SFRS marks 48th anniversary of Kilbirnie Street Fire

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The Scottish Fire and Rescue Service today marked the loss of seven firefighters on the 48th anniversary of the tragic Kilbirnie Street warehouse fire in Glasgow.

Chief Officer Martin Blunden attended the city’s Necropolis, along with Local Senior Officer for Glasgow City, Roddie Keith, and laid a wreath as an act of remembrance. 

Under normal circumstances this tragic event would be commemorated with a service at the Necropolis where colleagues would be invited to form a guard of honour and friends, family and other guests would have an opportunity to pay their respects and lay wreaths. 

Due to Scottish Government guidance in relation to COVID-19, the remembrance service was adapted to adhere to current social distancing guidelines. 

Chief Officer Blunden said: “That we have limited attendance this year in no way diminishes the significance of the loss we continue to feel for our fallen colleagues. 

“These firefighters made the ultimate sacrifice as they worked to protect their communities and our thoughts remain very firmly with their families. 

“Our firefighters go to work each day knowing they may be asked to enter harm’s way to help protect others. 

“It is this dedication that marks all of our crews, Operations Control staff and emergency service partners as so extraordinary.” 

Firefighters across the country paraded outside their places of work to mark the memorial and station flags were flown at half-mast. 

The Kilbirnie Street tragedy unfolded shortly after 11.20am on Friday, August 25, 1972 when crews from the former Glasgow Fire Service raced to the scene of the ferocious blaze at the Sher Brothers warehouse.

As firefighters tried to exit the building, firefighter James Rook became trapped by stock that had fallen on top of him. Divisional Officer Andrew Quinn led a team of volunteers to try to find and rescue him.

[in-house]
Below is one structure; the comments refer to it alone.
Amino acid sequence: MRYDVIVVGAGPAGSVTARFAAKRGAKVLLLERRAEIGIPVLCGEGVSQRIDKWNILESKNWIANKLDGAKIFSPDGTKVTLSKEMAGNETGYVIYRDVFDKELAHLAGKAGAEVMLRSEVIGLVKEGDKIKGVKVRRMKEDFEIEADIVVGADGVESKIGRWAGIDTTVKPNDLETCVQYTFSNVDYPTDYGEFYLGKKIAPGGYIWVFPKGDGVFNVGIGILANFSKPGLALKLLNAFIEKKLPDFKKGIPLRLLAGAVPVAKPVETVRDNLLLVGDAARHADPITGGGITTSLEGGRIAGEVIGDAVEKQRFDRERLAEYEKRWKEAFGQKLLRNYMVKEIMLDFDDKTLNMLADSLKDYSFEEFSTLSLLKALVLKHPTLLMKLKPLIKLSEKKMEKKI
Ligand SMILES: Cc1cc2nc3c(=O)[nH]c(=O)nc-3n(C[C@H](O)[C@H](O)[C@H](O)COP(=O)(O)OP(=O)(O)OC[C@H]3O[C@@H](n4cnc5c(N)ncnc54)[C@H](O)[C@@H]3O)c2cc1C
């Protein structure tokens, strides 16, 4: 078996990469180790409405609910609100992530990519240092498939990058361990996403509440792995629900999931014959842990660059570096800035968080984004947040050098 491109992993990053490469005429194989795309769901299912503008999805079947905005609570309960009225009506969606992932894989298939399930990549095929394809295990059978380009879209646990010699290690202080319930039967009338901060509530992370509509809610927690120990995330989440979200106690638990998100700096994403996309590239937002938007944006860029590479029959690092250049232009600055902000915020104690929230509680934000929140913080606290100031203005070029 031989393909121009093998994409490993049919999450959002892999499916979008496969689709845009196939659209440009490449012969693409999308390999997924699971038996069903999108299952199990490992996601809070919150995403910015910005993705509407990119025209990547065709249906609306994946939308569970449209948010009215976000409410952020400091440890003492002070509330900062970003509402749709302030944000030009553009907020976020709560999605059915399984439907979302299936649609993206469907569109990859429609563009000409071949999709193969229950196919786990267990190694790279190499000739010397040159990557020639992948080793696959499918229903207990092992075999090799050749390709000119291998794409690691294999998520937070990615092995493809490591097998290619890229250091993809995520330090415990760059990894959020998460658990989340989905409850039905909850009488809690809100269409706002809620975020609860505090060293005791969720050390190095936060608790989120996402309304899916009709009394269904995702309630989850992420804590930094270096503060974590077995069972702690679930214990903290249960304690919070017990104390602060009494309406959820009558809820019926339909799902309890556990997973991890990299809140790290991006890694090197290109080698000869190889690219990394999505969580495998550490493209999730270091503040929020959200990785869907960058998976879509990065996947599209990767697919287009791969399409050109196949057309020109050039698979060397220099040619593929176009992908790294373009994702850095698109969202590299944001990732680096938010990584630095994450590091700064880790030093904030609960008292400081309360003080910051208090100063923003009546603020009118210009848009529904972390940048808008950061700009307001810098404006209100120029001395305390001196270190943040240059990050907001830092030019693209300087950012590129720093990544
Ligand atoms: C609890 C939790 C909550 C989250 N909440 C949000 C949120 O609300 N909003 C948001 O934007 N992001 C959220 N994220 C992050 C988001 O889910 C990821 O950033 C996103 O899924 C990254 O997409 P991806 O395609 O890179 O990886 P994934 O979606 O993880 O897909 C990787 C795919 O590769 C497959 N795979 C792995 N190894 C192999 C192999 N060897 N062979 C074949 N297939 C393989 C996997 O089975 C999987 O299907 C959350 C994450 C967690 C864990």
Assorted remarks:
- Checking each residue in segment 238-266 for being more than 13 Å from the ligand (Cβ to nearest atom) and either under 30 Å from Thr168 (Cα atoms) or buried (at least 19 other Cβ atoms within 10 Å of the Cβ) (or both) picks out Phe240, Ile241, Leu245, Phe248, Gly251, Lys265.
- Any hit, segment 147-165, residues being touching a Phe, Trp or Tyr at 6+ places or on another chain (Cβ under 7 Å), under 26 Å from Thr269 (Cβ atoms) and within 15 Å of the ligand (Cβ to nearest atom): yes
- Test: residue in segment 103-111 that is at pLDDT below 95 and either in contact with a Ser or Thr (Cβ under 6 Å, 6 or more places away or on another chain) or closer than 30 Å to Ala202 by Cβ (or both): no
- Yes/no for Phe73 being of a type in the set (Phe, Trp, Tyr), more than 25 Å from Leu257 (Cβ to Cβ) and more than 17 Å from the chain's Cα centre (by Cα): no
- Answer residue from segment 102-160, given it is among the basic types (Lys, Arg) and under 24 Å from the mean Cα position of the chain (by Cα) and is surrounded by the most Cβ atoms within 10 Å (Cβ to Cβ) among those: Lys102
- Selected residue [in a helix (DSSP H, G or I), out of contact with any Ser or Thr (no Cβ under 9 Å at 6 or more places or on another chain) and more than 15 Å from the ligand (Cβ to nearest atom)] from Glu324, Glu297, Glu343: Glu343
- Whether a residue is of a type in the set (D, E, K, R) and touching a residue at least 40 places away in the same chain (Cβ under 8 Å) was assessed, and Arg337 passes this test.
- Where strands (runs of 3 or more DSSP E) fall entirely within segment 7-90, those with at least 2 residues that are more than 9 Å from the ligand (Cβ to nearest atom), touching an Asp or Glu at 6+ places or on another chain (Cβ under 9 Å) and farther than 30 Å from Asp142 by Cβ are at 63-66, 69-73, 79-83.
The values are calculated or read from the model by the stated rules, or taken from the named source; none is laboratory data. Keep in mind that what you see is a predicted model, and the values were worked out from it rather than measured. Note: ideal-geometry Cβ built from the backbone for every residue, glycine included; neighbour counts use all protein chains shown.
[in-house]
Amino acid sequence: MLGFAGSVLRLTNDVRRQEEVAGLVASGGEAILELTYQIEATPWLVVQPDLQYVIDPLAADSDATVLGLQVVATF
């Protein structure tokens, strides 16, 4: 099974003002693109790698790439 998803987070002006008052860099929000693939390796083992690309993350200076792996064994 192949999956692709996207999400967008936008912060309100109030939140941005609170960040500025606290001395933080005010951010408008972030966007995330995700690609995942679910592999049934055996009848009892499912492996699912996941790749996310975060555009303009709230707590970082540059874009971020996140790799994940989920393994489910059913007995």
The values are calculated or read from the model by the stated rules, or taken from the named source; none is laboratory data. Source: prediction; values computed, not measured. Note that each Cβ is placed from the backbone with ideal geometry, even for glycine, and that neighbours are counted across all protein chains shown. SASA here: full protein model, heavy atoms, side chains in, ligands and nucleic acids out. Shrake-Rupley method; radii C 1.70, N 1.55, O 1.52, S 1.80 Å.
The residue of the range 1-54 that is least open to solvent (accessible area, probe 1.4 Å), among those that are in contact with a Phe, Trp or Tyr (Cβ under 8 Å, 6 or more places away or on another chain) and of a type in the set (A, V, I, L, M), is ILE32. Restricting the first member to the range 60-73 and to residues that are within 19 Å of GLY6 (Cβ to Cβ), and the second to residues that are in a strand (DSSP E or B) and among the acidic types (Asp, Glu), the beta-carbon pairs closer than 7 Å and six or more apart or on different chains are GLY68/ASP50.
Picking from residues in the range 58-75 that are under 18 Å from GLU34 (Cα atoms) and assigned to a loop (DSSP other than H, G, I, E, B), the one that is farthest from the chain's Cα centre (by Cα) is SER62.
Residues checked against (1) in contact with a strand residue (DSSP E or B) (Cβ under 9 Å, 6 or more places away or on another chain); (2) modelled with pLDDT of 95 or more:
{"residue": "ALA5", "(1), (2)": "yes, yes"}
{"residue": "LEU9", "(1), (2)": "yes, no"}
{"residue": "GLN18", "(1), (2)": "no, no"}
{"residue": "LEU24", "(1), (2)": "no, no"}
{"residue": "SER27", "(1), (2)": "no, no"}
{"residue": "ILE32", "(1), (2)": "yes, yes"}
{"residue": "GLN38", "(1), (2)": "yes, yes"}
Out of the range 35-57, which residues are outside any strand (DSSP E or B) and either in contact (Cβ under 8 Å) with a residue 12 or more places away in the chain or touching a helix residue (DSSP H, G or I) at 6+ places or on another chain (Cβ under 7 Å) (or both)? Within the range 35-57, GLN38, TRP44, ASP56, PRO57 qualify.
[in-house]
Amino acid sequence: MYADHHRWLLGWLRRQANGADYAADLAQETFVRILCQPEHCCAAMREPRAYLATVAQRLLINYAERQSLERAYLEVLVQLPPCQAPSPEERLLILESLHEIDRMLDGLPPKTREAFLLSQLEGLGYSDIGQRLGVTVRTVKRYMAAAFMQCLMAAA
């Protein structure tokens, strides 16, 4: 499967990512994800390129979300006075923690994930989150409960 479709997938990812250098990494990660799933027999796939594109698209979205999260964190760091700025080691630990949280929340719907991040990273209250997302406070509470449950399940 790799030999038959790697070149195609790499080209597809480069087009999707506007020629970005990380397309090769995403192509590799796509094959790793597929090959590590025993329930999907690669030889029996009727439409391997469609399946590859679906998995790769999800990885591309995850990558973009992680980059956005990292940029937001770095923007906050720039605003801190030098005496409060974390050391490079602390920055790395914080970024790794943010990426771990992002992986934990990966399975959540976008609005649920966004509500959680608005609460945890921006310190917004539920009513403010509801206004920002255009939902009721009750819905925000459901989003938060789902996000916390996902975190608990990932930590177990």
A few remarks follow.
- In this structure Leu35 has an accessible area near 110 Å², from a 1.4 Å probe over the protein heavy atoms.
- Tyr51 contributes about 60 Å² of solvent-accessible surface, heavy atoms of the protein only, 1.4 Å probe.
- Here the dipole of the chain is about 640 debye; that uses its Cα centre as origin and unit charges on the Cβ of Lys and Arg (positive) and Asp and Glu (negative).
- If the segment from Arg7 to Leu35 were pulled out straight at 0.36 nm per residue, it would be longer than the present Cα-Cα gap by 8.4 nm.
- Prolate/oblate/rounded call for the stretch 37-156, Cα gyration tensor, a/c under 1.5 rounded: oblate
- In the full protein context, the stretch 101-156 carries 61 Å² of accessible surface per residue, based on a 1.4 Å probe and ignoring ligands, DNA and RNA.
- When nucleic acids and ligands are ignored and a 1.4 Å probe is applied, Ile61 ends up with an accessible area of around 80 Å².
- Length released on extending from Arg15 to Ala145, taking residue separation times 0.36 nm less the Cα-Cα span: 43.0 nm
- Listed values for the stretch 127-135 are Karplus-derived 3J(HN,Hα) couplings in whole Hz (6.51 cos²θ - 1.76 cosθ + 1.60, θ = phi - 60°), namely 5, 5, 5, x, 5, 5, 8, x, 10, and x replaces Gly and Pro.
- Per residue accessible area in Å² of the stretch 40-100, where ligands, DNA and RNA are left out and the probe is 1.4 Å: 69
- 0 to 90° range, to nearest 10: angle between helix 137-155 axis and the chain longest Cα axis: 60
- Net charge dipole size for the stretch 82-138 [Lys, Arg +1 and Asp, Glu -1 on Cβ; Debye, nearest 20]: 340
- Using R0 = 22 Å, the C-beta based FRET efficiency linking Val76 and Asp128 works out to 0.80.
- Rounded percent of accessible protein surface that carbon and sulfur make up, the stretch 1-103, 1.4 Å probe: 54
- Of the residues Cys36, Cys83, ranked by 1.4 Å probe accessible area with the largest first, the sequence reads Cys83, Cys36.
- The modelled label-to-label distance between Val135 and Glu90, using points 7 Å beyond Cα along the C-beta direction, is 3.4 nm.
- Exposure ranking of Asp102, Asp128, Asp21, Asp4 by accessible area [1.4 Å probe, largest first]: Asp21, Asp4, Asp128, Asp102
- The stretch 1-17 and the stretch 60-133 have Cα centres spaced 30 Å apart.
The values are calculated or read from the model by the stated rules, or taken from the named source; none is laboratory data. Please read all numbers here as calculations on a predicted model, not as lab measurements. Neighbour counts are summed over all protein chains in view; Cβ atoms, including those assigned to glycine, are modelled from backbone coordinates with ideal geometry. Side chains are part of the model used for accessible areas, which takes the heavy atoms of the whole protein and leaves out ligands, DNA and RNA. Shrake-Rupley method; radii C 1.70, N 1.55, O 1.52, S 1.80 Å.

Unfortunately, as the search party entered the building the fire ignited the hardwood ceilings on the first floor, causing a massive 'flashover' leading to their deaths.

They were DO Andrew Quinn, firefighters Alistair Crofts, Iain Bermingham, Allan Finlay, William Hooper, Duncan McMillan and James Rook. 

Chief Officer Blunden continued: “It is important to remind ourselves that firefighting in Glasgow, post-World War Two, was a dangerous and hazardous occupation. It was known as the 'Tinderbox City'.

“Since the second World War, more than 300 firefighters have lost their lives in the line of duty in the UK – each loss reminds us of the dangers firefighters face each and every day. 

“The bravery and selfless dedication that was witnessed that day still drives every firefighter. It is what pushes them to join the Service and it is what sees them commit themselves, without question, to environments that some can never even imagine. 

“The lessons of the past have shaped our values of today. As firefighters, we learn, we adapt, and we continue to answer that call when no one else can.

“The sacrifice made by the seven firefighters at Kilbirnie Street fire will never be forgotten. Their memory lives on as a proud part of our history, and in the everyday actions of our firefighters.” 


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